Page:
She came to shop and to sell. But mostly, she came to play.
Talented Muriel Anderson of Nashville, recognized as one of the world’s best finger-style guitarists and only woman to win the prestigious National Fingerstyle Guitar Championship, brought her vast repertoire of musical styles and song to Fair Haven’s River Street Gallery on Friday, her second appearance at the venue.
The gallery, embedded in the sprawling Fairhaven Furniture store owned by Kerry Triffin and Elizabeth Orsini, houses a sumptuous collection of hand-crafted furniture and accessories.
Under the direction of founder Kate Paranteau, the space has evolved into a first rate, fine art gallery; an elegant synthesis of visual art by area artists, and furnishings that arguably, transcend craft on their way to becoming works of art in their own right.
So it was that on this past rainy Friday night, a towering, glass-doored bookcase became the backdrop for Anderson and her quizzical instrument—called a “harp-guitar.” Authorities differ on the exact definition of this instrument. Claiming that there are over a dozen definitions of the term, historian Gregg Miner challenges the very notion of what qualifies as a harp-guitar: “Harp guitars are never consistent in features, and are found under a wide variety of historical and contemporary names. Conversely, many unrelated historical instruments called ‘harp-guitars’ were and are not what we now define as a harp guitar.”
On hand at Friday’s “house concert,” with an accessible explanation of the instrument, was the evening’s concert host and producer, John Thomas. A musician and a Quinnipiac University law professor, Thomas is largely responsible for introducing and programing the concert series at River Street Gallery, adding yet another dynamic art form to the multi-platform venue.
Thomas, also the author of a new book, Kalamazoo Gals, the story of the women who made Gibson Banner Guitars during WW II, explained that the harp-guitar, with its array of unfretted open strings, has a greater base range than that of a grand piano. “Its body, larger than a conventional guitar, creates a more resonant sound and the additional strings create sympathetic tonalities and vibrations that enrich the sound overall,” he said. The instrument’s popularity has ebbed and flowed for well over a century, having survived the strictures of purists like Spanish classical guitarist, Andrés Segovia according to Thomas. In the 1980s, interest in the harp-guitar was rekindled by (the late) influential guitarist and pivotal harp-guitar composer Michael Hedges.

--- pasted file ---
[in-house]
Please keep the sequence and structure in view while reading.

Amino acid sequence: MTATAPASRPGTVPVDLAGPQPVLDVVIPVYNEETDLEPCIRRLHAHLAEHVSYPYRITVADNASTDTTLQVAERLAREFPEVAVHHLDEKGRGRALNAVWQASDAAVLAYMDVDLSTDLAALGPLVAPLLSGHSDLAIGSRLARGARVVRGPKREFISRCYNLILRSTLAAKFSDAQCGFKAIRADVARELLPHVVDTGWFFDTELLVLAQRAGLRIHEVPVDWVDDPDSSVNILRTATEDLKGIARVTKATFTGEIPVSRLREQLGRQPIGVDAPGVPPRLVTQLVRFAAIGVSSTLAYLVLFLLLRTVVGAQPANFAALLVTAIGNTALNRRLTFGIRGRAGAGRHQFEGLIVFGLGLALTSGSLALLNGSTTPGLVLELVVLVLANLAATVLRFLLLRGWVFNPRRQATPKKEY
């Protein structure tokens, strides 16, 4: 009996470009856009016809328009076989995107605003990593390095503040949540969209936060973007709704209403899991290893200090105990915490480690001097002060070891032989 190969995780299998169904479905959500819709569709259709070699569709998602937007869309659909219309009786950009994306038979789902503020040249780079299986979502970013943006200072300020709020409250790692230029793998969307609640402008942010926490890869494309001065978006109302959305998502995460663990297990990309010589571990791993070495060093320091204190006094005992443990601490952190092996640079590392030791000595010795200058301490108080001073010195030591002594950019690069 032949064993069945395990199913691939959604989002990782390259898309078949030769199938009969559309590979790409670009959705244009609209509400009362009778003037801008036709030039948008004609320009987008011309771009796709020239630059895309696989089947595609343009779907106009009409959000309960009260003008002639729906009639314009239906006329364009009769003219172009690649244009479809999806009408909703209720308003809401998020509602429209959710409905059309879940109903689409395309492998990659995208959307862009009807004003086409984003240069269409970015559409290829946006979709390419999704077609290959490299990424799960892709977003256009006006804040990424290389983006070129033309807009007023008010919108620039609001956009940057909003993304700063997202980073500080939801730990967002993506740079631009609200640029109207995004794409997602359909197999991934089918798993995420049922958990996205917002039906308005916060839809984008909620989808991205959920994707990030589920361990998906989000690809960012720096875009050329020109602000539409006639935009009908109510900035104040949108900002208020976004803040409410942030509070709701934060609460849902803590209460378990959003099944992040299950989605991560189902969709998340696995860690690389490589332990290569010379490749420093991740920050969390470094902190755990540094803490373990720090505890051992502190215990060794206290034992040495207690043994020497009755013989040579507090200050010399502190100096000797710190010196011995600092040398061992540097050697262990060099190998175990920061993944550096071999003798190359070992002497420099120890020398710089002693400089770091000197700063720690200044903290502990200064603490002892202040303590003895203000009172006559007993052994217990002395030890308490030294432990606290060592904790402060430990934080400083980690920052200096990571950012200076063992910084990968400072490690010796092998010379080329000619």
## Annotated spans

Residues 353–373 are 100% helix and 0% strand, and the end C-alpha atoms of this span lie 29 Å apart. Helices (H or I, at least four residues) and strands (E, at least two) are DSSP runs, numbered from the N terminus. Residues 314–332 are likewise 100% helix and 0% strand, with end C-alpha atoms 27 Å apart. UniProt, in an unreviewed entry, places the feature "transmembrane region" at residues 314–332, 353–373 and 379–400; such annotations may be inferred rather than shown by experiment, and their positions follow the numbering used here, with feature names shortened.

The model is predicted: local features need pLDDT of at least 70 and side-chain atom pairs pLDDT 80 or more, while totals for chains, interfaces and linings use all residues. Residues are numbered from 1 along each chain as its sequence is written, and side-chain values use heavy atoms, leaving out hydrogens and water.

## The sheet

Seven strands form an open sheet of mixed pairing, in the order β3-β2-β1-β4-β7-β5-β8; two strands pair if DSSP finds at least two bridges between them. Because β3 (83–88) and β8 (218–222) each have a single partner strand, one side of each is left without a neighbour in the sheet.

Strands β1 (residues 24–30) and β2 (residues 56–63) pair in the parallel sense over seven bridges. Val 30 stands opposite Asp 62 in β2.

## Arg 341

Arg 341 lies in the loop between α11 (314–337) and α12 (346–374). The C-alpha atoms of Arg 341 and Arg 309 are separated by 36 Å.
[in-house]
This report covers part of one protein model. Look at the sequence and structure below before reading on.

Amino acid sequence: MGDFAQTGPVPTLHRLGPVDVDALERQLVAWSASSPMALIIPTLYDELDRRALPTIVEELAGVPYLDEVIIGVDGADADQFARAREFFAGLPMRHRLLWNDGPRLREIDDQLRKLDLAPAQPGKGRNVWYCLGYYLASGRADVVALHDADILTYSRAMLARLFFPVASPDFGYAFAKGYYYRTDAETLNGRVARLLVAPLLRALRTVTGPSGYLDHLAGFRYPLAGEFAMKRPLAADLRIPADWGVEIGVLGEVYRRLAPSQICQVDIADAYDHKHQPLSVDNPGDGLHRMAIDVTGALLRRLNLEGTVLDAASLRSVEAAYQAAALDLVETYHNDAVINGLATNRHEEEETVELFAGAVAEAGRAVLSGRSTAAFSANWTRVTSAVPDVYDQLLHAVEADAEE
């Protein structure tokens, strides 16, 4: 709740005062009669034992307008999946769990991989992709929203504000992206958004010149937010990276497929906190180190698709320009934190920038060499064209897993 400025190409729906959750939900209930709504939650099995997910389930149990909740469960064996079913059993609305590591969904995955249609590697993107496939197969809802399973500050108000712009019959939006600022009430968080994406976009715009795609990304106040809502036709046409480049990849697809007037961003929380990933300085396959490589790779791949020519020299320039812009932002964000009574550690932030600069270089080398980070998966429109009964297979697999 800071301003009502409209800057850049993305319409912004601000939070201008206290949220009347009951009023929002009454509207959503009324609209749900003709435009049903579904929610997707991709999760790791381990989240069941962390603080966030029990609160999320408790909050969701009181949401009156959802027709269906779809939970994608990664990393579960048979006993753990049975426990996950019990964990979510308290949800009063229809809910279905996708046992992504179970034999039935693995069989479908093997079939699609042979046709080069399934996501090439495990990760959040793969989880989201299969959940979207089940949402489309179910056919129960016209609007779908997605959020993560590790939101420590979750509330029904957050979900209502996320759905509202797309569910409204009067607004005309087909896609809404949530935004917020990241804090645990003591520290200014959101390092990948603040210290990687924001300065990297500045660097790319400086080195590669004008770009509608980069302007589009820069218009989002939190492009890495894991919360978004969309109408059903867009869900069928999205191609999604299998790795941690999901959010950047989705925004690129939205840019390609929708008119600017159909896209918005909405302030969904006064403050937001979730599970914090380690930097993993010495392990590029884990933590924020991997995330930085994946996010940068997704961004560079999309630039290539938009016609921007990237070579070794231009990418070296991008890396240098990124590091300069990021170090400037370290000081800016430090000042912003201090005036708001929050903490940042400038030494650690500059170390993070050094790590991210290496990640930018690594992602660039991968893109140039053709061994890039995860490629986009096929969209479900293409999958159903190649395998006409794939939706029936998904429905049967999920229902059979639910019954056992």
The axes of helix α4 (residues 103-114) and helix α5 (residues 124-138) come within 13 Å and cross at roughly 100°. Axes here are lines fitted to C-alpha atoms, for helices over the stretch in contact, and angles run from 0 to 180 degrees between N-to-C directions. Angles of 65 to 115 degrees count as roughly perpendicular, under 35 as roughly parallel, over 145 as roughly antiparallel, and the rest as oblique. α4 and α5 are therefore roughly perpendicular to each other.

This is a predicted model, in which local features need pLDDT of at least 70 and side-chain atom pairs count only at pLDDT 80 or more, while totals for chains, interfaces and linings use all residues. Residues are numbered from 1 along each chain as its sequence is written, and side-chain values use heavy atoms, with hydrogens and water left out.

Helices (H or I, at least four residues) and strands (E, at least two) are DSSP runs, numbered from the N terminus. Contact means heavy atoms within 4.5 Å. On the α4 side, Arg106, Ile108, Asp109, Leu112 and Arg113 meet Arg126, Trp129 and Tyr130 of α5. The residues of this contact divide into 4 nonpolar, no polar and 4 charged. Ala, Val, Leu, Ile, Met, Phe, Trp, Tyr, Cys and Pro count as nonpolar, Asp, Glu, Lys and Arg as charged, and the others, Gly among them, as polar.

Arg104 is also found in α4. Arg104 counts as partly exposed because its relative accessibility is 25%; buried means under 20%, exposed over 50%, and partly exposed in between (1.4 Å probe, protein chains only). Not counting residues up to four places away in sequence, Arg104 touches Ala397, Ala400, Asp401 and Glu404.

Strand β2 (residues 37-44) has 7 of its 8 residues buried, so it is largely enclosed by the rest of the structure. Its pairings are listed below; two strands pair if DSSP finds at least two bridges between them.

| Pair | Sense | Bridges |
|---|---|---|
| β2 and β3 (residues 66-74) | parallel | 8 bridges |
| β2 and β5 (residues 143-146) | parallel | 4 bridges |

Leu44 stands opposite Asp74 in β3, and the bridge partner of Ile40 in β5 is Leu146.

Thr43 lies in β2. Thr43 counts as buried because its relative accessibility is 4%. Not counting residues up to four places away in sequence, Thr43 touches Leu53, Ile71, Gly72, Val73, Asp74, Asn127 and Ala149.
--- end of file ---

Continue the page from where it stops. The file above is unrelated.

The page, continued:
Today the legacy of the harp-guitar continues to be promulgated by one of world’s foremost harp-guitarists in Milford resident Stephen Bennett , founder of the Harp Guitar Gathering, an annual gathering of harp-guitar enthusiasts with a national draw.
Anderson’s performance, like the soft din of rain that occasionally filtered through the gallery’s roof, was at times soothing and subtle, with robust counterpoints characterizing many songs, all underscored by her undeniable virtuosity and joy of playing.
From butt-kickin’ bluegrass to rock and funk, a library of musical genres unfolded before the appreciative audience. Tunes on both harp-guitar and acoustic guitar included a rousing cover of Stevie Wonder’s “Superstition,” anthems like John Lennon’s “Imagine” and Don McLean’s ode to painter Vincent Van Gogh, “Starry Starry Night.”
Making full use of the harp-guitar’s expansive range, Anderson played a traditional Japanese piece, sang a tune in French, and talked about the inspiration for original pieces and the influences that helped shape her craft. Mention legends like Chet Atkins and Les Paul—Anderson has recorded, performed, and enjoyed close associations with these musical giants and many others.
Closing in on her first set of the evening, Anderson paused to give the audience a heads-up: “I’ll do a couple more in this set, then it’s time for a shopping break.” At the end of the set, Anderson engaged in a little show-and-tell, holding some of the items she had already culled from the shop: A cutting board, some finely crafted wood utensils and other goodies. She also had plenty to sell. Anderson proudly displayed her latest of 13 CD,s Nightlight Daylight, a double album whose cover features a celestial fiber optic light show designed by artist Bryan Allen. Read a review of the CD set by John Thomas here.
Anderson was asked what she thinks about as her fingers skillfully pluck, pick, strum and tap the strings of the guitar. Her broad smile betraying no sign of the complexity involved, Anderson said that like the listener, she is simply enjoying the sounds that emanate from the instrument.
Click on the video to watch Anderson’s rendition of “Superstition” on acoustic guitar.